When Thomas Friedman uses the term “flat” in The World is Flat, what he means is something like “fair” or “providing everyone with an equal chance to succeed.” When he says that the world is flat, or is getting flatter, he does not mean this in a topographical sense. Instead, what he means is that the world is, economically speaking, becoming fairer. Our world has started to provide people from many different countries with an equal chance to get ahead economically.
In the United States, at least, we often use the metaphor of a sports field when we talk about economic competition. This might, for example, be a soccer field. Imagine playing soccer if one team had to run uphill while the other got to run downhill. This would not be at all fair to the team that had to run uphill. It would be a serious disadvantage. When competition is fair, we say that there is a level playing field. This field does not provide an advantage to either team. When Friedman talks about the world being flat, he is saying that the economic playing field has become level.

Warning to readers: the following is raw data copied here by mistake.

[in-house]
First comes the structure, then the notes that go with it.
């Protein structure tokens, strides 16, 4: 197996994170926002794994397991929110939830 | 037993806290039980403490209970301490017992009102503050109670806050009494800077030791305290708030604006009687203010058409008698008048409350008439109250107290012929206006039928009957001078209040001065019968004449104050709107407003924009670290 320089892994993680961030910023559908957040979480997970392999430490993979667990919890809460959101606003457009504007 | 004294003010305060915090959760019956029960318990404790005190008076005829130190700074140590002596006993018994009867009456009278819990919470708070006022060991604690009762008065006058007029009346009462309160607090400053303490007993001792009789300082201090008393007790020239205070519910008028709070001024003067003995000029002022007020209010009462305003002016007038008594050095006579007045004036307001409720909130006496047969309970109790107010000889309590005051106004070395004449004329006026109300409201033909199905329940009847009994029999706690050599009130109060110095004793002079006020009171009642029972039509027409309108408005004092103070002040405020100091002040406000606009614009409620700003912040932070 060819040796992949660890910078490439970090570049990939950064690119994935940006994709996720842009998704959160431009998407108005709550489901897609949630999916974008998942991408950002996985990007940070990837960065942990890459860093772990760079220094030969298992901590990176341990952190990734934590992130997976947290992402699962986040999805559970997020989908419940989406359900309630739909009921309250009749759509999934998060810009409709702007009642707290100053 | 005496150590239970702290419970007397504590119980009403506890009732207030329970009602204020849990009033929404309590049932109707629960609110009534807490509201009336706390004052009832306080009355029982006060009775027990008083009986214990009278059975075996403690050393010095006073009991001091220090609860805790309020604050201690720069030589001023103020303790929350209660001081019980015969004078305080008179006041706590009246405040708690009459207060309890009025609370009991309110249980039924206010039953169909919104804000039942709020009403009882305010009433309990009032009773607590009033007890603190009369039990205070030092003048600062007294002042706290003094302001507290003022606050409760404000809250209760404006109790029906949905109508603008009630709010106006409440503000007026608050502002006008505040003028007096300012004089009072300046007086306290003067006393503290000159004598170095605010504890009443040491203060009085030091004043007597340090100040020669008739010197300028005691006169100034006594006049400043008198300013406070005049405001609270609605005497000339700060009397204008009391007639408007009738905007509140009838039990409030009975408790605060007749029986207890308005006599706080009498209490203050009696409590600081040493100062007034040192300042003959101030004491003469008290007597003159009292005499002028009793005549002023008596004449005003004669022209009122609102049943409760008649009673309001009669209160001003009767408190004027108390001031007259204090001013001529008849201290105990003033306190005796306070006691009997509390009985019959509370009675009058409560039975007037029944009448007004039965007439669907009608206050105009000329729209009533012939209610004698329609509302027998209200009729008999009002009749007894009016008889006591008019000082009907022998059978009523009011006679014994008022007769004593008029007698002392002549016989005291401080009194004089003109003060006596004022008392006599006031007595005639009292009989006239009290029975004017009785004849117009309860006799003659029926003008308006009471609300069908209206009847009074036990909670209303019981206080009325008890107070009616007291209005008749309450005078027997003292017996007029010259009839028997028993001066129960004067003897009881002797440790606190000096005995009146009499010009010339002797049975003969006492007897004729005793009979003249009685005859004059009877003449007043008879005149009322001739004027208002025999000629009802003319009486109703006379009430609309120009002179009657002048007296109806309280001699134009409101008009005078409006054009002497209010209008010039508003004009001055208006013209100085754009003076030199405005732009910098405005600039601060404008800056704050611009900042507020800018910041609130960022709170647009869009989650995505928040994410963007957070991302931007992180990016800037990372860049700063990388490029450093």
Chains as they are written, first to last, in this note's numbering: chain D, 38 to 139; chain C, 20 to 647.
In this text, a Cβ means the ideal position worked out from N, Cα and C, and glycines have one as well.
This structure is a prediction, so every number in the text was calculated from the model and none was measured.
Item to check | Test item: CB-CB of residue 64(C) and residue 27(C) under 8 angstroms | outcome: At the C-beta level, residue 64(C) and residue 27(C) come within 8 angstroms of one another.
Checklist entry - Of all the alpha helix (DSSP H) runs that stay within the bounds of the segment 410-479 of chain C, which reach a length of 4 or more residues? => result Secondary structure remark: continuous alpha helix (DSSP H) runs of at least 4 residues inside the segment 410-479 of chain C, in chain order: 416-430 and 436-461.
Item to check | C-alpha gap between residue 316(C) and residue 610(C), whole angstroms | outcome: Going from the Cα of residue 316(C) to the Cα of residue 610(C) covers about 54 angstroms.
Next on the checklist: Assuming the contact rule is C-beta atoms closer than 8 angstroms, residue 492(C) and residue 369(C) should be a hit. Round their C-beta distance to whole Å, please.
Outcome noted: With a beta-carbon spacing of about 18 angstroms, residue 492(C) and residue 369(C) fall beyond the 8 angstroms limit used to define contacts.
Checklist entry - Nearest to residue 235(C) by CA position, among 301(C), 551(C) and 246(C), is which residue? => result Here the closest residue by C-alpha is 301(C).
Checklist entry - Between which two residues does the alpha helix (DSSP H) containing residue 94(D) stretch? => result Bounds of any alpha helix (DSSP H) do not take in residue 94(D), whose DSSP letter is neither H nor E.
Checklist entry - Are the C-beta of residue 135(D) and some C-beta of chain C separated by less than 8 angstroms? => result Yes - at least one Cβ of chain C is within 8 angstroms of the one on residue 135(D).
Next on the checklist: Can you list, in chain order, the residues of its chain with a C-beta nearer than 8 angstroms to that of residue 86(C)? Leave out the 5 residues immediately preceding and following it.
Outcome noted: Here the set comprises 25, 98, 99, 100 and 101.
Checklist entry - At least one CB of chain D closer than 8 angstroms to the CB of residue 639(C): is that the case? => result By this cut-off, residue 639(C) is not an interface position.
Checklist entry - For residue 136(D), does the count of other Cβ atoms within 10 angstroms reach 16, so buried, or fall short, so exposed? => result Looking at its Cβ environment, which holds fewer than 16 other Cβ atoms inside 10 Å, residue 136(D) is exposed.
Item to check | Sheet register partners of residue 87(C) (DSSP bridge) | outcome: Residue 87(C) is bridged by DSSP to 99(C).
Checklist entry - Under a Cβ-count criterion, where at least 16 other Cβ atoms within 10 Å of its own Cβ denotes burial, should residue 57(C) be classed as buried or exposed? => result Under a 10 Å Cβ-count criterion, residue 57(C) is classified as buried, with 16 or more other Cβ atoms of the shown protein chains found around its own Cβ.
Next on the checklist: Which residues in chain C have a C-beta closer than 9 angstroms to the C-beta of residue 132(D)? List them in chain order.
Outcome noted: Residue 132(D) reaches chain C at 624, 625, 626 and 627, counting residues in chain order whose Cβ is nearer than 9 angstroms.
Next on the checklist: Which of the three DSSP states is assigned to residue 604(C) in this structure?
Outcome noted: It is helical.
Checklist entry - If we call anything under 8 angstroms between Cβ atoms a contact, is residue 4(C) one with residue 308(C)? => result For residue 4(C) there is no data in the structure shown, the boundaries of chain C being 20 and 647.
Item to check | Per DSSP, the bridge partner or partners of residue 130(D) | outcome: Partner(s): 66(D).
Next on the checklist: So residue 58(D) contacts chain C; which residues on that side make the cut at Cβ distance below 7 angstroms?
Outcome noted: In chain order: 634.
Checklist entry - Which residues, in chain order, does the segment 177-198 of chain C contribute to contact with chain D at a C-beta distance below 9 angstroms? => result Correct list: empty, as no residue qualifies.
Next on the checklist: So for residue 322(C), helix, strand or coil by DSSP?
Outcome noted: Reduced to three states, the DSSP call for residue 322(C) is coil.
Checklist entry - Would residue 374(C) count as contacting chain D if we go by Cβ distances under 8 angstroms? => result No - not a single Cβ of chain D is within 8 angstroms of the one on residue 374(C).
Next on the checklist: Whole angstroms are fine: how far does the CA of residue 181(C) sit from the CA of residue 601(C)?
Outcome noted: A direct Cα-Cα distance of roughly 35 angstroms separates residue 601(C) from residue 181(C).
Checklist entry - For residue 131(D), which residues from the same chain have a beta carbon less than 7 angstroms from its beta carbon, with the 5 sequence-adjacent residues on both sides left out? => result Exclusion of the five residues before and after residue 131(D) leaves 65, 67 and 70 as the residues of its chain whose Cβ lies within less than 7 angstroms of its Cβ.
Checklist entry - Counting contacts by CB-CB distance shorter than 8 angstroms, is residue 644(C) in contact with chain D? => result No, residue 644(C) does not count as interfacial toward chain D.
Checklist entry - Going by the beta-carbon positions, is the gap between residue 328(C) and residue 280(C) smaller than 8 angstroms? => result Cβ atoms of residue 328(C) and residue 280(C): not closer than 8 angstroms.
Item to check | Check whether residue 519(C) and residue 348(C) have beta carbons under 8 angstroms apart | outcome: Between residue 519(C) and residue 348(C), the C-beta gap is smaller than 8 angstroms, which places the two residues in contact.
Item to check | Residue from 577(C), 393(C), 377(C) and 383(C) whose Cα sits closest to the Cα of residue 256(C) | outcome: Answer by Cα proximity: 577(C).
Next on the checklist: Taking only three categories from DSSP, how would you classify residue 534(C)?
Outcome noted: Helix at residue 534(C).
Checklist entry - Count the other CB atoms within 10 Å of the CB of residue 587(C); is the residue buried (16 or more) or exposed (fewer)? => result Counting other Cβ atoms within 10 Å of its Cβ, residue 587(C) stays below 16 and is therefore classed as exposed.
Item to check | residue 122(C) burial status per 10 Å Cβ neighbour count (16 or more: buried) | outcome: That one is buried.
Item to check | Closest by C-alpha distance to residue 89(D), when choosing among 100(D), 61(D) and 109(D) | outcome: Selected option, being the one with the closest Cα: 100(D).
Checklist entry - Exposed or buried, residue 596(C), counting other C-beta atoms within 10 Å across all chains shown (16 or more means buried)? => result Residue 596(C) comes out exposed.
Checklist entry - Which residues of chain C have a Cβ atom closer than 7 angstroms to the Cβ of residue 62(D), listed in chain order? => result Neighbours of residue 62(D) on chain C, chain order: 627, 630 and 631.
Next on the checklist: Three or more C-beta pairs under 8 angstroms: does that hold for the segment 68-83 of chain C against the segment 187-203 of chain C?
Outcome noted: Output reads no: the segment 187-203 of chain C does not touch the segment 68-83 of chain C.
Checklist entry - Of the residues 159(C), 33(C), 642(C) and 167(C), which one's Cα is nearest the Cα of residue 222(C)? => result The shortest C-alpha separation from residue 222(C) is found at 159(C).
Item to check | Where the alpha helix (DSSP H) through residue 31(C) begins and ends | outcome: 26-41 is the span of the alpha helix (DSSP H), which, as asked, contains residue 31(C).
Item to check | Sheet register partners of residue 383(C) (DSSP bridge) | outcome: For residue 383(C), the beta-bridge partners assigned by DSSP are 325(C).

In the past, businesses in poor countries were, in essence, playing on a field that was not flat. They had to run uphill while their competitors in the rich world got to run downhill. In recent times, however, various changes have made the playing field flatter. He says that things like outsourcing, offshoring, and, most importantly, the boom in communications technology, have created a more level playing field where firms from more countries can actually compete on level terms. This is what he means when he says that the world is flat.
In this book, then, to be flat is to be fair and/or to provide everyone with an equal chance to compete economically.